You're well known for your stand-out drum sound. What's your approach?
"Over the years I've had lots of drums and lots of skins and lots of equipment. In the end the sound comes from you. It's a very personal thing the way you hit the drum. Having said that, I do spend a lot of time and care and attention on the way I tune the drums and the way I mic the drums. It's a long learning process and one that evolves. I'm always changing my ideas about the way I tune the drums or I might mic or mix the drums - there are lots of options - but I've got a sound that I like and it's in my head and I'm trying to pull that sound out through these drums."
"You have to break away into your own and ask yourself, 'Is this really unique or is this just a copy of someone else?'"
Your sound is recognisable on any record. What advice would you give other drummers to achieve that kind of 'recognisability'?
"I've borrowed and stolen things from other drummers - stylistic things and fills and concepts - but there comes a time when you have to break away into your own and ask yourself, 'Is this really unique or is this just a copy of someone else?' I think a lot of it is to do with the way you hit the drums and a lot of it is to do with the way you play your time. Every drummer has a different time, and this, along with the way the drummer hits the drum and plays the sound, has a massive influence on the sound of the band."
How do you ensure you sound as good on stage as you do in the practice room?
"Put a lot of trust in your sound engineer. With Porcupine Tree we've had the same sound engineer, Ian Bond, for 13 years. I have a lot of discussions with Ian about which mics we should use and where they should sit. He's got a lot of things working against him, ie the room and possibly a PA that doesn't sound very good to start with. You may not even have the same desk every night.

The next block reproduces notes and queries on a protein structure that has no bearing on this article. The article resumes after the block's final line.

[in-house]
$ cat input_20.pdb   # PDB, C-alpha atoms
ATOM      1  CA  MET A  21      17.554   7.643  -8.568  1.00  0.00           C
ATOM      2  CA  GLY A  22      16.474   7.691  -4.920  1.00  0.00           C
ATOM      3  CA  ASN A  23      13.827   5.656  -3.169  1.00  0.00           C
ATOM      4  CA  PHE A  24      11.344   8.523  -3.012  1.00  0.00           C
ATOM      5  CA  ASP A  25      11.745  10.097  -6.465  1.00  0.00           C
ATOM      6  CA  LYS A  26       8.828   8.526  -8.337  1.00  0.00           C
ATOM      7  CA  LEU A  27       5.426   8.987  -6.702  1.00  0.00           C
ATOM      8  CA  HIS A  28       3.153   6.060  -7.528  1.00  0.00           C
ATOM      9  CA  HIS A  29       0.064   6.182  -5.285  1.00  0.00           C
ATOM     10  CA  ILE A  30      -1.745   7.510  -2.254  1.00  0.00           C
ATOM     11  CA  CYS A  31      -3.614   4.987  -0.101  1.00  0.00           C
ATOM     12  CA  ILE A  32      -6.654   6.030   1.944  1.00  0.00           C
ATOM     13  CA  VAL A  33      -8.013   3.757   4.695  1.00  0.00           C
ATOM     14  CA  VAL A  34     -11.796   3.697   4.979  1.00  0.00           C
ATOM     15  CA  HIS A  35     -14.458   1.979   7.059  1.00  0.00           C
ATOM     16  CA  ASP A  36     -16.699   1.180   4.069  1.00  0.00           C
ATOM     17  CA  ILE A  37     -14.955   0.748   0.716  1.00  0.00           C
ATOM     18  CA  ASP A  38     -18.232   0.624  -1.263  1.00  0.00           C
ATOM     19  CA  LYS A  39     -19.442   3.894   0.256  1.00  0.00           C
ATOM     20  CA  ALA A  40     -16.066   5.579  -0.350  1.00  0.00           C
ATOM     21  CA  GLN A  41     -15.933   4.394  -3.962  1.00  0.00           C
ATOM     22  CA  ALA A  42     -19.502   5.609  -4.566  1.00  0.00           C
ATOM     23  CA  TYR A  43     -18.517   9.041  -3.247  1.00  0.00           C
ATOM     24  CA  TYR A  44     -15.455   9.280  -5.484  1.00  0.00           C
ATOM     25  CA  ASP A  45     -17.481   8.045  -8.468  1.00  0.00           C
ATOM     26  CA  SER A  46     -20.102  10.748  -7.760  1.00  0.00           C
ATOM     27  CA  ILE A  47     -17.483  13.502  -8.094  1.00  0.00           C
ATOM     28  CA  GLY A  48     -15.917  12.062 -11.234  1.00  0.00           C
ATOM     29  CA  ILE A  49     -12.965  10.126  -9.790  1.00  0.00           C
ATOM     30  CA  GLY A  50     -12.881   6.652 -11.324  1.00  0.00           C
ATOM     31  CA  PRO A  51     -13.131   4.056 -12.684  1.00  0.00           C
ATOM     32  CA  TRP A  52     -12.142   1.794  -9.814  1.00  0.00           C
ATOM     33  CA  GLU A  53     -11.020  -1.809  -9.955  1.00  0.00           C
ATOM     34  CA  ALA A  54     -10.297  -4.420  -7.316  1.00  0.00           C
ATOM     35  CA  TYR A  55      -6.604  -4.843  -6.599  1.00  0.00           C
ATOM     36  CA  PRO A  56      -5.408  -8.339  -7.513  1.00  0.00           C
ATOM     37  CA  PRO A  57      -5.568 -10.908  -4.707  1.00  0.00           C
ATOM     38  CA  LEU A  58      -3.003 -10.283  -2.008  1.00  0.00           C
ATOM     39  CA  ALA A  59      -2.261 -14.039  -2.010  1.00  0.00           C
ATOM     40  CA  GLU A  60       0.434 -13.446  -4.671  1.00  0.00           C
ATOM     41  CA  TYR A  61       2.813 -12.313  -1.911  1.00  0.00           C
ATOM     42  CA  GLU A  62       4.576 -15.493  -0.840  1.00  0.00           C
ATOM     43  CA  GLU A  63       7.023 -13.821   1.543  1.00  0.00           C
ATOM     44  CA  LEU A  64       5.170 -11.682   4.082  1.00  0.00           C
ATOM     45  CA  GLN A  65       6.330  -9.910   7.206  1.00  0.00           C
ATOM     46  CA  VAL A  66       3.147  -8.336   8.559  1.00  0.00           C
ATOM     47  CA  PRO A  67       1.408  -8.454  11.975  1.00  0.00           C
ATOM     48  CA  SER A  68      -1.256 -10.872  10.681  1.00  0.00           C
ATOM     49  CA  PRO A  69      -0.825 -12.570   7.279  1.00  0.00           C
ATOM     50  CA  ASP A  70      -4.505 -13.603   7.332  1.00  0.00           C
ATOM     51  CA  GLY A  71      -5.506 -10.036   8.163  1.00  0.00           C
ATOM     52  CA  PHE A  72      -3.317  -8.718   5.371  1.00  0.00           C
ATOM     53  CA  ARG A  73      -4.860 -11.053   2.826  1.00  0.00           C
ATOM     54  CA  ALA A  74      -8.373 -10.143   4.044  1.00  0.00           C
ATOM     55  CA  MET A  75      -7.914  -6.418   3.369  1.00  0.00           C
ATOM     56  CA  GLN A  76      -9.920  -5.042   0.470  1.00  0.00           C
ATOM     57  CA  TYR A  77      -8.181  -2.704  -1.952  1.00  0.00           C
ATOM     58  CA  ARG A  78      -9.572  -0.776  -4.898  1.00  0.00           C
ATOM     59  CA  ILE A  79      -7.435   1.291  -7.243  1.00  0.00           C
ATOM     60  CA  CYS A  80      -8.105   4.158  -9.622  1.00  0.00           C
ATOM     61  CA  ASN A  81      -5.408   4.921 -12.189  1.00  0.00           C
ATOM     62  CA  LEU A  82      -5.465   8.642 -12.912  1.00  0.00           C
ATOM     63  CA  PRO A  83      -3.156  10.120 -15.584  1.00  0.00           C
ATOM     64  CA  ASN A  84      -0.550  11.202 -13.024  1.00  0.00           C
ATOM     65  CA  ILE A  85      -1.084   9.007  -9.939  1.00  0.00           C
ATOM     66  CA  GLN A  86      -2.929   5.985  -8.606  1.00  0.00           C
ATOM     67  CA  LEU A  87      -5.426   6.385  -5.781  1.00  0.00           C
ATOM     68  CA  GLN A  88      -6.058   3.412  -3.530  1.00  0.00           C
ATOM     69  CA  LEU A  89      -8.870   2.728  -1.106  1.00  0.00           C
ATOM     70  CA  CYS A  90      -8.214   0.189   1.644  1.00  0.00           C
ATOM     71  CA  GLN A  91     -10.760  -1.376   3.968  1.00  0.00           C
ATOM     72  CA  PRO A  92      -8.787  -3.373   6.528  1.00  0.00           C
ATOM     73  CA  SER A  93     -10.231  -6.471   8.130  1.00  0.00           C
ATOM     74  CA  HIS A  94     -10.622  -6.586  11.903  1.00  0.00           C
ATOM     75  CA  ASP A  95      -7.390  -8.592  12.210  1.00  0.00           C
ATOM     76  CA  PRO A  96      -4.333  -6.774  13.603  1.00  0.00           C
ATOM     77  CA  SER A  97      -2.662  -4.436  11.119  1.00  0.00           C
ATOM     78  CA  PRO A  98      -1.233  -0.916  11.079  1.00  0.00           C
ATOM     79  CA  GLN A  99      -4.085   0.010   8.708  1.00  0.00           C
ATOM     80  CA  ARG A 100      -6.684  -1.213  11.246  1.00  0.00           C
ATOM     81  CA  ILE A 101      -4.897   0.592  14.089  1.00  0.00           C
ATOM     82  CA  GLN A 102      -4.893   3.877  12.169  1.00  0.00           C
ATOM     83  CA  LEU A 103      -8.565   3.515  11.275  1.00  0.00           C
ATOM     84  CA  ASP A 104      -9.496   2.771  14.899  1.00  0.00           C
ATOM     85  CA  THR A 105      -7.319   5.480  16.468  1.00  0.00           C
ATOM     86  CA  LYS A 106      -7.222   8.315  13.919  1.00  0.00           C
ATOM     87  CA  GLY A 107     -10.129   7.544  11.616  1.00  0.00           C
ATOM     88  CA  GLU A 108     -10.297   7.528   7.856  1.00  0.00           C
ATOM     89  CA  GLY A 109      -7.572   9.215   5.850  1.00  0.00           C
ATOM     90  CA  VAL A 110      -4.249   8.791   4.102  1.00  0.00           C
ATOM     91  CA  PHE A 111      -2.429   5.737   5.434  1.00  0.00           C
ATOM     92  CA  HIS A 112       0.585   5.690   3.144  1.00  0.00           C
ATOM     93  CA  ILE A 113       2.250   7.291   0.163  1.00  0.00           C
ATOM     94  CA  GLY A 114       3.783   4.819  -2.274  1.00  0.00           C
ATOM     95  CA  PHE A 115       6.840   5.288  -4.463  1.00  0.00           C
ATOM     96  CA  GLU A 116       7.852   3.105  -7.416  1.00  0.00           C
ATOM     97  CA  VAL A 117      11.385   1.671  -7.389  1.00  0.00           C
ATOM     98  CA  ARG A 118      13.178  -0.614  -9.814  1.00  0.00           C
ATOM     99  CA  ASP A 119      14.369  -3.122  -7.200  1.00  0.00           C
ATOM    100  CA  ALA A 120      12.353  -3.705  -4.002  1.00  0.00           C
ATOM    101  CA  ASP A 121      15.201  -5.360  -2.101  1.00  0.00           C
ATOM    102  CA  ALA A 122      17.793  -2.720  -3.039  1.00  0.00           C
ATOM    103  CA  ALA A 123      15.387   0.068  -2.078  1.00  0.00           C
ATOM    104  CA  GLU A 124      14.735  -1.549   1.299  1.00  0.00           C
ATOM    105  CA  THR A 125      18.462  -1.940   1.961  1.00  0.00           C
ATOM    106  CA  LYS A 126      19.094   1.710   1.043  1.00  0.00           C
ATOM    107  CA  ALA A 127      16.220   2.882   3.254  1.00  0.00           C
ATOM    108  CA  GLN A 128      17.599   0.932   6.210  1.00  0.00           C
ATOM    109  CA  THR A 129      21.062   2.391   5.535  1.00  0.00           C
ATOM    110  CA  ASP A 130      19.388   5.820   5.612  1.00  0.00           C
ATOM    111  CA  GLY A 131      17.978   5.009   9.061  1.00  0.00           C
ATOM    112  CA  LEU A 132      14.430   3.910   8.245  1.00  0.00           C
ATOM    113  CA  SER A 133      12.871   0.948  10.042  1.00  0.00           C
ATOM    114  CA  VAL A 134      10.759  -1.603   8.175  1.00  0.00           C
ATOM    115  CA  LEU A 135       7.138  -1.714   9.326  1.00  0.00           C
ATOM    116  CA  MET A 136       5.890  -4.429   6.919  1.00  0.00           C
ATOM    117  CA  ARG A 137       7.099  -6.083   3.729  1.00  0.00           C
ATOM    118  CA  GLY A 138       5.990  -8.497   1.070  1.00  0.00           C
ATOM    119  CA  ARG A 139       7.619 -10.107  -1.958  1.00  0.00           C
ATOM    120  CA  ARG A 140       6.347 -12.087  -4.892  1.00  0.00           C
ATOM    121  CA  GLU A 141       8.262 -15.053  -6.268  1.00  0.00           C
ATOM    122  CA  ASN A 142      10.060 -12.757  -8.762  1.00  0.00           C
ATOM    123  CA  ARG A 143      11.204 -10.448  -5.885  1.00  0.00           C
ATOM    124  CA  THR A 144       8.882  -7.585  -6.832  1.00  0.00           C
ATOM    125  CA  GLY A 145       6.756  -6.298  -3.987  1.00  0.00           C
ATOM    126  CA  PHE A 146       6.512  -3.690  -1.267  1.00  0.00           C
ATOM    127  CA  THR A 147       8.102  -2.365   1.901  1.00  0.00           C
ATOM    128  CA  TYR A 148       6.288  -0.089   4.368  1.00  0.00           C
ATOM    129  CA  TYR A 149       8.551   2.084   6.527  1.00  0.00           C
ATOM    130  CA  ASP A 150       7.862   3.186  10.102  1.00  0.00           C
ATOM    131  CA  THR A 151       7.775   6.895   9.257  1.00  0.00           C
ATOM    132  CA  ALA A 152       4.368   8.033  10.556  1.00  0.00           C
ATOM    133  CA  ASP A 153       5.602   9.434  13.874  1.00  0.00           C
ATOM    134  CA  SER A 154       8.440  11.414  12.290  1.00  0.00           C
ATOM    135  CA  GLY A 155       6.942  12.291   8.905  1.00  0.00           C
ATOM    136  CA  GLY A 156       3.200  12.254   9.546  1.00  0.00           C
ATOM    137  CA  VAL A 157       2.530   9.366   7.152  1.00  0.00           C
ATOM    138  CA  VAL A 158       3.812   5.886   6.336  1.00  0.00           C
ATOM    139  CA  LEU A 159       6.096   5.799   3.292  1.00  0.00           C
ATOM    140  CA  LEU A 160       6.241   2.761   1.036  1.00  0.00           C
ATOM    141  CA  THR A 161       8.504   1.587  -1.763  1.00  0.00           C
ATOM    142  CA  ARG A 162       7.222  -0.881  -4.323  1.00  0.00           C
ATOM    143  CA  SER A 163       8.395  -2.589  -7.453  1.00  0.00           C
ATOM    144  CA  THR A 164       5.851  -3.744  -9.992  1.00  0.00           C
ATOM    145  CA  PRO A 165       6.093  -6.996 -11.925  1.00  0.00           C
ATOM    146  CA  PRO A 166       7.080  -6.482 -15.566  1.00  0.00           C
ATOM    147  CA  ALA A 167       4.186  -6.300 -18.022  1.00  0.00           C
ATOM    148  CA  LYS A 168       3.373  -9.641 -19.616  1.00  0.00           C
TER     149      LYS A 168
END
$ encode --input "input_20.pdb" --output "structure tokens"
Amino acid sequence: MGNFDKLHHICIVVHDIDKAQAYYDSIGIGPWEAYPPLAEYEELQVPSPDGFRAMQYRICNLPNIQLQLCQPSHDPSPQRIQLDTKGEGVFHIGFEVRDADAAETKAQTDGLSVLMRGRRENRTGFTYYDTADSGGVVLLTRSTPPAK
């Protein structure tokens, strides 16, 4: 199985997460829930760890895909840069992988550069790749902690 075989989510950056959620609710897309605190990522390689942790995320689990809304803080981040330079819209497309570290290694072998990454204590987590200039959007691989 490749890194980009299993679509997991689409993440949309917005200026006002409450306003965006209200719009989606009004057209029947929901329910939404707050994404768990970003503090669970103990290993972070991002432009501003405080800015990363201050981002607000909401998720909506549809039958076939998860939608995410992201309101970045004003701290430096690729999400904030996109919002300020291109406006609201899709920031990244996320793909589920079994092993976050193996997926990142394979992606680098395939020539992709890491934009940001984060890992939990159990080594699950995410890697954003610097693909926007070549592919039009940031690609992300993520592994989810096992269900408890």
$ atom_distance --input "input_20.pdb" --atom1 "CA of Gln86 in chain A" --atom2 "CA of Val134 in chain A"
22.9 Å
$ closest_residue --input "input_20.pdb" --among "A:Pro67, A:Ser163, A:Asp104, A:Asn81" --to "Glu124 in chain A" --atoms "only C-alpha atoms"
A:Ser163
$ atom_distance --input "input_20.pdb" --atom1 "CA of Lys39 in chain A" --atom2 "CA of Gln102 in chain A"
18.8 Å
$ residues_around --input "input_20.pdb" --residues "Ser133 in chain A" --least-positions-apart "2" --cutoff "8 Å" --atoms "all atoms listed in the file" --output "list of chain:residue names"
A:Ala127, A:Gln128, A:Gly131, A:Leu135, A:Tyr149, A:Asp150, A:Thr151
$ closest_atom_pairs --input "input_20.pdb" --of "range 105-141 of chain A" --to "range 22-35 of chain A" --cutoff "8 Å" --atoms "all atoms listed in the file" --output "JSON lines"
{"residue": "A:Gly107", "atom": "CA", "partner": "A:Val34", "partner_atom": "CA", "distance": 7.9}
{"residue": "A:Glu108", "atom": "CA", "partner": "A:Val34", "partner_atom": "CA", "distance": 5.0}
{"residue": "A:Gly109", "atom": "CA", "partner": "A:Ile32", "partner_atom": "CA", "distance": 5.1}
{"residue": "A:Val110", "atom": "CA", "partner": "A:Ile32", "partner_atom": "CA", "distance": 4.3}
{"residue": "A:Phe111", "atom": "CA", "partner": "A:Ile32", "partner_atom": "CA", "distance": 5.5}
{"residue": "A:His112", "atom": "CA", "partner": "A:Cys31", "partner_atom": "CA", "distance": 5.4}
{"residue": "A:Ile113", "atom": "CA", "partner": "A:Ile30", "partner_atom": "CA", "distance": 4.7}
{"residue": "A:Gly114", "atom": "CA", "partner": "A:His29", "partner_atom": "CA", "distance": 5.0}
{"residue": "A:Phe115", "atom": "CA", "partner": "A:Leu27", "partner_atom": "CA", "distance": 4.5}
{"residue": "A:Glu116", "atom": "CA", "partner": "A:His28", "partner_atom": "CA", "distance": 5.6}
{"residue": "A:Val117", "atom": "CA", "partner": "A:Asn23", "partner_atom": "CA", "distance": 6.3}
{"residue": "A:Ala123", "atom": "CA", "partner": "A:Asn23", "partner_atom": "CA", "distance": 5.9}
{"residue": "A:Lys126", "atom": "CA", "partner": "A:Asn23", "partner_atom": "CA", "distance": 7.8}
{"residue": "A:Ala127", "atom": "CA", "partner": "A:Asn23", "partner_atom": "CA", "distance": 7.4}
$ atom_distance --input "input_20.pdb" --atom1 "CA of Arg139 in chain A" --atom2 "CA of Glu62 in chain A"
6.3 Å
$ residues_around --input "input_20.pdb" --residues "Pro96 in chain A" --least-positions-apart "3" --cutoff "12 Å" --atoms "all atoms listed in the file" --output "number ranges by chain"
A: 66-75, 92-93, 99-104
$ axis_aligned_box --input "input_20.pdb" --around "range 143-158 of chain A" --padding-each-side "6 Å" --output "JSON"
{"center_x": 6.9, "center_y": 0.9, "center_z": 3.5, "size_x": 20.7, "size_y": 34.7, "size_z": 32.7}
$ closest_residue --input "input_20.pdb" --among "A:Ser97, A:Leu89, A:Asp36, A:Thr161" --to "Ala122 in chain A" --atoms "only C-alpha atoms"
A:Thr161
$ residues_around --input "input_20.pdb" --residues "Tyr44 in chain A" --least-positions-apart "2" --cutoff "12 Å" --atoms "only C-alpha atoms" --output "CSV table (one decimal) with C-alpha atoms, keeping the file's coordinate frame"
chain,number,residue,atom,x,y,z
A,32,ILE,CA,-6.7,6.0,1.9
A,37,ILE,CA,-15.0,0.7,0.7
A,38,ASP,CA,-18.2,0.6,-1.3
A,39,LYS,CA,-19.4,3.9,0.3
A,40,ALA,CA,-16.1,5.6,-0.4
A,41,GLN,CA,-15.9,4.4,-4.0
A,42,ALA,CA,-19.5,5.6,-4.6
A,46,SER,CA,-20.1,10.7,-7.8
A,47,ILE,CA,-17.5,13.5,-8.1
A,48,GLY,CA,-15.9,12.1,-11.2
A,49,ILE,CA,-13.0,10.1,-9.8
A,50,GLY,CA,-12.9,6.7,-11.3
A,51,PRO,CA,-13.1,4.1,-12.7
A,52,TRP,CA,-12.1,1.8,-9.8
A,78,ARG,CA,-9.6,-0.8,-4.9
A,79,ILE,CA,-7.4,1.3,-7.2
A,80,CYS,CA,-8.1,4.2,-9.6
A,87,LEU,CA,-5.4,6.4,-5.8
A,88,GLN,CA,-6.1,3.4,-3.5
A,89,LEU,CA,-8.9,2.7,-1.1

"In later tours we brought our own PA and mixing desk but even then we were struggling with the room and changing acoustics. Some rooms just have bad acoustic properties. They weren't built for sound. Wembley arena wasn't built for sound - it's an ice rink. I play pretty much the same way if I was in the studio, and often the microphones are the same or similar, so I try to make it as good as I can to give Ian the best chance he can making a mix."
Looking back, was there any moment where you thought, 'I can finally make a living from this'?
"I'm still waiting for that moment! I think it would be a mistake to take up the drums or any musical instrument thinking you are going to make a living at it. I wanted to do that and of course in the earlier ten years or more of my career it was barely a living. I played as much as I could. Whatever I was offered, I didn't turn anything down.
"Having skills, being able to read and things were quite helpful, but I had massive amount of times out of employment - I don't look at it as out of work. To me playing the drums is a full time job. I get up in the morning and I play the drums. Some days I go out and make money doing that, other days I stay at home and practise. I don't think of it as 'Wow, God I'm unemployed' because there's so much of that."